January 31, 2016 (Sunday)
Temperatures got up to a whopping 54 degrees today! After weeks of freezing temperatures and a 3ft snowfall, I finally had the chance to check on my girls and restock their candy supply. 54 degrees is still somewhat cold for the bees. I certainly wouldn’t start pulling out frames and breaking apart boxes until the temps are at least in the 60’s. Below 50 degrees, the bees begin to cluster. Bees need to cluster in the cold because that’s how they generate heat and stay warm.
What Bees Do During the Wintertime
People often ask me if the bees are hibernating. Well, bees don’t really hibernate. Yes, they collect food to prepare for the winter, and yes, they stay in their hives during temperatures below 50 degrees. Once the temps drop into the 40s or lower, the bees cluster around the queen and they use their wings to generate heat. The larger the cluster, the more heat they can generate and the better chance they have of surviving the winter, as long as there’s enough food in the hive to keep them from starving. Bees don’t sleep. They work around the clock…each one has a role and a purpose.
Opening the hives in temperatures below 50 degrees risks breaking the cluster. Best not to disturb the bees in the cold. When the cluster is broken, or when bees get separated from the cluster in the cold, they can freeze. So my rule of thumb is, if I see the bees out and about, then it’s ok for me to open the tops of the hives and add candy.
Checking on the Girls
I schlepped up to the hives to find them flying in full force, and judging by the blanket of bees atop the blanket of snow, they’ve been super busy cleaning house. This is a good thing. They clean all the dead bees and debris out of the hives whenever possible. This helps prevent disease and keeps the colony healthy. They’ve also been busy taking orientation flights (another term for much needed potty break), and bringing in pollen. Yep, the little buggers found pollen in this desolate white land. Gotta love their spunk! It was a happy sight, indeed.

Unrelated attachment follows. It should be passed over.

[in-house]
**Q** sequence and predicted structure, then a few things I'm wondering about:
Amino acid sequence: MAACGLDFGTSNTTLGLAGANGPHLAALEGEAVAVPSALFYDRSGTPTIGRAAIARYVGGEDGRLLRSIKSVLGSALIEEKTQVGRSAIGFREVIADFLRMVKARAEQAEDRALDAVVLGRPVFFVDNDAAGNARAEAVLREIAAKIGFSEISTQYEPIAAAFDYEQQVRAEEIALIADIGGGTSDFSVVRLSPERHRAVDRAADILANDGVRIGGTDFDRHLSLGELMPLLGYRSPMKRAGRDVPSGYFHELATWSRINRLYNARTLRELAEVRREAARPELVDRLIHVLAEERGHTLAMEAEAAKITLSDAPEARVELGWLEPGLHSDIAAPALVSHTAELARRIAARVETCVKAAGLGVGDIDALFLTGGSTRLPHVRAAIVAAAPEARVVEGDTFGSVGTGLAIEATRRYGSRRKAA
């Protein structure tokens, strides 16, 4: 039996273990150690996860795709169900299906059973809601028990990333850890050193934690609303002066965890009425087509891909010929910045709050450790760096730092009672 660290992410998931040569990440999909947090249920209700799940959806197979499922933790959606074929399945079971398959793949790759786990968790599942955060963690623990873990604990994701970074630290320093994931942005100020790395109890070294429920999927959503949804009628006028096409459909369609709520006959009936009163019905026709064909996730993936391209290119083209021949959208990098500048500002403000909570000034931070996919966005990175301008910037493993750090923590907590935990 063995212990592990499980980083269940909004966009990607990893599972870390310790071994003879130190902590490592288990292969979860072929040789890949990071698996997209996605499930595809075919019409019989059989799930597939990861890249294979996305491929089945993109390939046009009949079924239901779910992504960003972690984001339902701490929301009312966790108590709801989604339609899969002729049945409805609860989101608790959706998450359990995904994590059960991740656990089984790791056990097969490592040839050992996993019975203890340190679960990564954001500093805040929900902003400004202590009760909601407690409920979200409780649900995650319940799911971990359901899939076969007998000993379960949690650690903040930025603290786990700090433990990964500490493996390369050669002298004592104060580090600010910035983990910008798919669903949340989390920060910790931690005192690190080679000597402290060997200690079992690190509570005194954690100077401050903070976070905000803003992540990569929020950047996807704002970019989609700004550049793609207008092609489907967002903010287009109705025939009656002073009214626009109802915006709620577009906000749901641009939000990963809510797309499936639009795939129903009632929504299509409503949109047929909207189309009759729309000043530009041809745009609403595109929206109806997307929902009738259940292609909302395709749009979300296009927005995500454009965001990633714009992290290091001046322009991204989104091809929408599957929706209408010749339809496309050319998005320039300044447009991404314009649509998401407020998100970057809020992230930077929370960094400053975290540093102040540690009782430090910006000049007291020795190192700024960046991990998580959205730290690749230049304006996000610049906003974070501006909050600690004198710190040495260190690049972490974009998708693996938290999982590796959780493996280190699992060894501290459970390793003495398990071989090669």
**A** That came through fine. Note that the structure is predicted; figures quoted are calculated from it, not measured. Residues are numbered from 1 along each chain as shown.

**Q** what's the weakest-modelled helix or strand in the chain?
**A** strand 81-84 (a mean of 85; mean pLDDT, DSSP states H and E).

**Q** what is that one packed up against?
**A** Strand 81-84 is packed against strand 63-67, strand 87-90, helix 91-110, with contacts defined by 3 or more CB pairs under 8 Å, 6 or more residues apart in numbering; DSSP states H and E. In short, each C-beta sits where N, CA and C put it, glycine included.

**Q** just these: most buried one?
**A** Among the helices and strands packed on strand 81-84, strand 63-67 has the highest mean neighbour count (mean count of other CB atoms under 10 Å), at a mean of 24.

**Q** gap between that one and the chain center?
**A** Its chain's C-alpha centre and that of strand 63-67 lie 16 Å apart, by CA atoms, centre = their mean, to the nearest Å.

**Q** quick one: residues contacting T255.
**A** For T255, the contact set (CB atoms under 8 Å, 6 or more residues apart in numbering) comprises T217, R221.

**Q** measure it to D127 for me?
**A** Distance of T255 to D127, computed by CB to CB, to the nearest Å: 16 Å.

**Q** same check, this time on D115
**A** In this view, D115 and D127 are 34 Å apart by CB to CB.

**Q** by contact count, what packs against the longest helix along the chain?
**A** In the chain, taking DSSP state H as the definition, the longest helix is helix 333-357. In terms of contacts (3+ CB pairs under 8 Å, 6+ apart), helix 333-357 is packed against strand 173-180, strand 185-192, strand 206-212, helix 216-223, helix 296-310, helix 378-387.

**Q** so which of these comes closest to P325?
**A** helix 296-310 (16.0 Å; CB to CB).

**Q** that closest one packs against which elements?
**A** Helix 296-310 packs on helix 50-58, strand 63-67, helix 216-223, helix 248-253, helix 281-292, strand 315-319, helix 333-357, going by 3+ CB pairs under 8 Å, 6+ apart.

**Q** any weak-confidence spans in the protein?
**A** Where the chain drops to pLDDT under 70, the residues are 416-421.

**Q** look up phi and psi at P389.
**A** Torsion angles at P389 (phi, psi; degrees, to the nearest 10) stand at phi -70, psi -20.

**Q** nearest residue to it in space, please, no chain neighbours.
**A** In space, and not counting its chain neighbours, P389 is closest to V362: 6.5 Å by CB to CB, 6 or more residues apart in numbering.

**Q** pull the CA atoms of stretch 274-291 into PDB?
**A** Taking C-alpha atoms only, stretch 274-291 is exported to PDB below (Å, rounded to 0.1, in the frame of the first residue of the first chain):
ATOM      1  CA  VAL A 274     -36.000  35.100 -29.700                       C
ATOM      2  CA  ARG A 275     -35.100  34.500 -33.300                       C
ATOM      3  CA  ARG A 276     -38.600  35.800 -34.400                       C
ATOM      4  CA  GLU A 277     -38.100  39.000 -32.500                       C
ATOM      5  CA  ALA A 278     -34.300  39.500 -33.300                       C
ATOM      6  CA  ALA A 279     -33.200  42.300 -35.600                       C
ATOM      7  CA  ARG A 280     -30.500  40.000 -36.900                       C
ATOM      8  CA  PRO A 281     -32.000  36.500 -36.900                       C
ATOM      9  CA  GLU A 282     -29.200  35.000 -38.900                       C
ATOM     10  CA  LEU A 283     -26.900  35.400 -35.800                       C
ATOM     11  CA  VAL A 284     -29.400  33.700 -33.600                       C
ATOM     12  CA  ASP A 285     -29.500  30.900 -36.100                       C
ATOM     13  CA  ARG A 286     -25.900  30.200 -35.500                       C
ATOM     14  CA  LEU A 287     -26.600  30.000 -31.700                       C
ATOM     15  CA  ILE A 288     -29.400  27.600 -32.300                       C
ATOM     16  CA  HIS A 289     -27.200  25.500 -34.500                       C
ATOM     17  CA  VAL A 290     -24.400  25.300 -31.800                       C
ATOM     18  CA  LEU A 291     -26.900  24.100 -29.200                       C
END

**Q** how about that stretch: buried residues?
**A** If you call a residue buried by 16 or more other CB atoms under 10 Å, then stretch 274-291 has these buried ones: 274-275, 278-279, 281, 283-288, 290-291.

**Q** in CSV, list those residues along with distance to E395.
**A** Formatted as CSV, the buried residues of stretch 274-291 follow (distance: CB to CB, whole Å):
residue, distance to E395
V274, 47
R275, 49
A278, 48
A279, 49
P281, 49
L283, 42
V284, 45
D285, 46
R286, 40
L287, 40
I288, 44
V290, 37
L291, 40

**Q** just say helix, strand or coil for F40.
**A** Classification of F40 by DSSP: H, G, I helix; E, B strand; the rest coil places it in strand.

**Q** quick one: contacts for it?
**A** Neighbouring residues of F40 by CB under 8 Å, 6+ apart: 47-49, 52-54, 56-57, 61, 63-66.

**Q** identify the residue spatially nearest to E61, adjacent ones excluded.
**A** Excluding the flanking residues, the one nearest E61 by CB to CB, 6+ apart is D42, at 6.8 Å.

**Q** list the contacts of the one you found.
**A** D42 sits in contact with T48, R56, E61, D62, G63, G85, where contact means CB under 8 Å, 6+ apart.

RIP Green Hive
I’d been anticipating the demise of Green Hive since the last time I’d checked on them. Lots of bees were flying in and around the hive. I also noticed some bees fighting at the bottom entrance (shown below). A sign that Green Hive was being robbed by the other bees.
I opened the top and sure enough, the other bees were robbing the remaining candy and honey, and Green Hive’s cluster stared up from between the frames in a dead, frozen state (shown below). Not one of my prouder moments as a beekeeper since I decided to take them into winter with two boxes rather than combining them with a stronger hive. Another lesson learned…
Freezing temperatures are best for preserving dead hives since parasites won’t infest the hives as long as the temperatures are freezing. Once things start to warm up in March, I’ll clean it up and get it ready to take in a new split colony in the spring, along with Blue Hive.
Recycled Swarm Trap
As I walked around the garden I noticed that the swarm trap that had been left up since last spring, has been claimed by some other form of wildlife. I suspect squirrels. They chewed large holes in both sides, and another hole that appears to be stuffed with garbage – plastic, paper, and who knows what else (shown below). Well, if it couldn’t house a swarm, then I’m glad something else found a good use for it. We’ll build another one in a few months and hope that it catches more swarms than this one did.
After this weekend, we’re all back in cabin fever mode. Hope it won’t be too long again before we get another reprieve. Stay warm everyone and let’s hope Mr. Groundhog doesn’t see his shadow. Early spring would bee nice :o)